Brianna Wu is the latest victim of GamerGate – or is she? Wu, head of development for Giant Spacekat, creators of mobile game Revolution 60, was forced to flee her home on Friday night following threats of violence to her and her family. Reports are pinning the bad behaviour on a community now being referred to as ‘GamerGate’, but should they be? And what is GamerGate anyway? What is really going on here?
The coining of GamerGate
Game developers, publishers, and journalists have long been contentious among the gaming industry. There seems to be two things going on here: on the one hand, the media is far more concerned with sucking up to the big game developers rather than focusing on the consumers the games are created for; and on the other, if journalists do take an active interest in the content of the games, they have a tendency to vilify the content and anyone who enjoys games. How many times have you heard the media blame video games for violence or sexism in the general population? Your answer should be all the freaking time.
An actor I used to admire (before I heard the awful rubbish he spouts when not reading a script), Adam Baldwin (of Firefly and Chuck), coined the term ‘gamergate’ in reference to the Zoe Quinn controversy in August (a female game developer accused of sleeping with journalists in order to get coverage for her game). Since then, GamerGate has been picked up by a wide variety of people hoping to highlight corruption in the media and gaming industry as well as misrepresentation of gamers as a whole. While these people already existed with their views of the issues, coining the term gave the momentum a kind of focus it lacked before. But really, anything that started as a term used to vilify an innocent woman was never going to end up in a good place.
The trouble with GamerGate is that it is so murky – it isn’t an organisation or a particularly well-defined movement. The term is invoked by people with genuine concerns over corruption in the industry, violent harassers of women, and critics of the gaming industry – among others. So when people say they support GamerGate, what are they actually supporting? Well, it’s unclear. Some critics argue that you can’t say you support GamerGate without accepting you support the harassment of women that has become almost synonymous with the term. I disagree. There will always be extremists in anything – just because a person is a Muslim does not mean they support Islamic State, for instance.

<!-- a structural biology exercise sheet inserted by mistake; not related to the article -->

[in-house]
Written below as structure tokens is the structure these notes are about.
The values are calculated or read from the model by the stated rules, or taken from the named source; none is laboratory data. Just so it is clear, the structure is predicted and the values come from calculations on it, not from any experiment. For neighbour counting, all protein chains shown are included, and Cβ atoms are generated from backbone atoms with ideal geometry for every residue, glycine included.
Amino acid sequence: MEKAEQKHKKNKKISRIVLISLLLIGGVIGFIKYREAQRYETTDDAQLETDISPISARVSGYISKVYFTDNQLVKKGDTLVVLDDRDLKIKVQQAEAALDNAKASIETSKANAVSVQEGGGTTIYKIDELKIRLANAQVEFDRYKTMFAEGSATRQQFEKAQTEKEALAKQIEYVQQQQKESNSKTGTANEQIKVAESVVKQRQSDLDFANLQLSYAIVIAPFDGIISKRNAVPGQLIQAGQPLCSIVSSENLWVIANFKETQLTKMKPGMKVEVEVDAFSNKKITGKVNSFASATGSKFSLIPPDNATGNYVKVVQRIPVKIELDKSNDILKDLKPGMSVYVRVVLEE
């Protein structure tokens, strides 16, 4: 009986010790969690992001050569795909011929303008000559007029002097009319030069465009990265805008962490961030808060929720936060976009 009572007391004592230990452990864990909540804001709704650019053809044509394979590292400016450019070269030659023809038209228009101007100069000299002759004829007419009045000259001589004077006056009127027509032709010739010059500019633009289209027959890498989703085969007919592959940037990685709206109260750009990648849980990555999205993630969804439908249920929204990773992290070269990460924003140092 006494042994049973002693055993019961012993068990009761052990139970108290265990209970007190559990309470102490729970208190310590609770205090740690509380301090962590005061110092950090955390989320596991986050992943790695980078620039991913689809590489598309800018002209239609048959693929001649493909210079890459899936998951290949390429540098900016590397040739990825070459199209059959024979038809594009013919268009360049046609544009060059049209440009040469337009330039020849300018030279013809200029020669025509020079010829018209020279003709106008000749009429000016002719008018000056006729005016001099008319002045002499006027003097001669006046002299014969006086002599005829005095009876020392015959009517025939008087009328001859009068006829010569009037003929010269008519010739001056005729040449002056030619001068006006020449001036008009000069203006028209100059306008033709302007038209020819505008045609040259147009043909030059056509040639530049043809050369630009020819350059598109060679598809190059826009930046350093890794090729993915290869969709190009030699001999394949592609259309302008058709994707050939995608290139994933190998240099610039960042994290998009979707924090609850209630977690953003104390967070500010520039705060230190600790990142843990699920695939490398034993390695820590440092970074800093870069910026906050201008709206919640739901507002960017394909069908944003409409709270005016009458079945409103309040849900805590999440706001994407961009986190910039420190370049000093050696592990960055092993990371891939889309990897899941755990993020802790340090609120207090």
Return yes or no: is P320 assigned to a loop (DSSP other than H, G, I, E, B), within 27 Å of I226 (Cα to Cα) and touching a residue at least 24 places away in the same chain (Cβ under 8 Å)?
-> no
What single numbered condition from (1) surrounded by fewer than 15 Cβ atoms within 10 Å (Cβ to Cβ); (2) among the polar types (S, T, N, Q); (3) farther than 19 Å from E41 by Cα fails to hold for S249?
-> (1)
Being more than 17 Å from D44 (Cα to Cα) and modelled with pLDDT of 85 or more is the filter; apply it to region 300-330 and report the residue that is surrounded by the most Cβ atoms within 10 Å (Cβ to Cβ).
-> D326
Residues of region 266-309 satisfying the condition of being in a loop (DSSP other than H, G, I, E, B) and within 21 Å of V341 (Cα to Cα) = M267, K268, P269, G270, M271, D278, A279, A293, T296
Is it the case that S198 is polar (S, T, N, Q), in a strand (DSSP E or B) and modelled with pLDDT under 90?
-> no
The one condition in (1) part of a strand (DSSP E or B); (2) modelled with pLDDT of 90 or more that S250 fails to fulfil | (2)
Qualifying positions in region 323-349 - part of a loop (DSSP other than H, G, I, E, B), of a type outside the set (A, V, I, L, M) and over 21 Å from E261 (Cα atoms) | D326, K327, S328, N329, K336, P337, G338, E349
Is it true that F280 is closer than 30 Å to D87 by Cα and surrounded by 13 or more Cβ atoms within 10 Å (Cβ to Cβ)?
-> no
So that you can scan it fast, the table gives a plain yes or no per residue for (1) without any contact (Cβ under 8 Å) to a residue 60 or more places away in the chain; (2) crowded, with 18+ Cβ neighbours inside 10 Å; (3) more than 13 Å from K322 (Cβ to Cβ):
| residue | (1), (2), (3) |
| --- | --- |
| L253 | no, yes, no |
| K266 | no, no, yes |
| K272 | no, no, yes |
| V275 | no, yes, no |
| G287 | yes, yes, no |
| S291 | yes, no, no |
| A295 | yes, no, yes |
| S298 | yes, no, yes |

Really, what needs to happen is for people to stop using the term ‘GamerGate’, no matter what side of the issue you happen to fall on. Find a term or an ideal that truly identifies what it is you are upset about. If you are genuinely upset about corruption in the industry, identify with that specifically. And if you are a hateful misogynist, well, you suck.
Women create and play games too
Much of the media is still concerned with the out-dated idea that a) games are for kinds and b) if there are adults playing games, they are male and stereotypically misogynistic and socially awkward. And hey, like most stereotypes it is both offensive and incorrect. There are many games aimed at adult audiences and, believe it or not, nearly half of the gaming population out there are women. In the industry itself, similarly to Hollywood writers and directors, the ratio of men to women is far more skewed. And those women who do work in the industry often find themselves up against an unwelcoming boys club.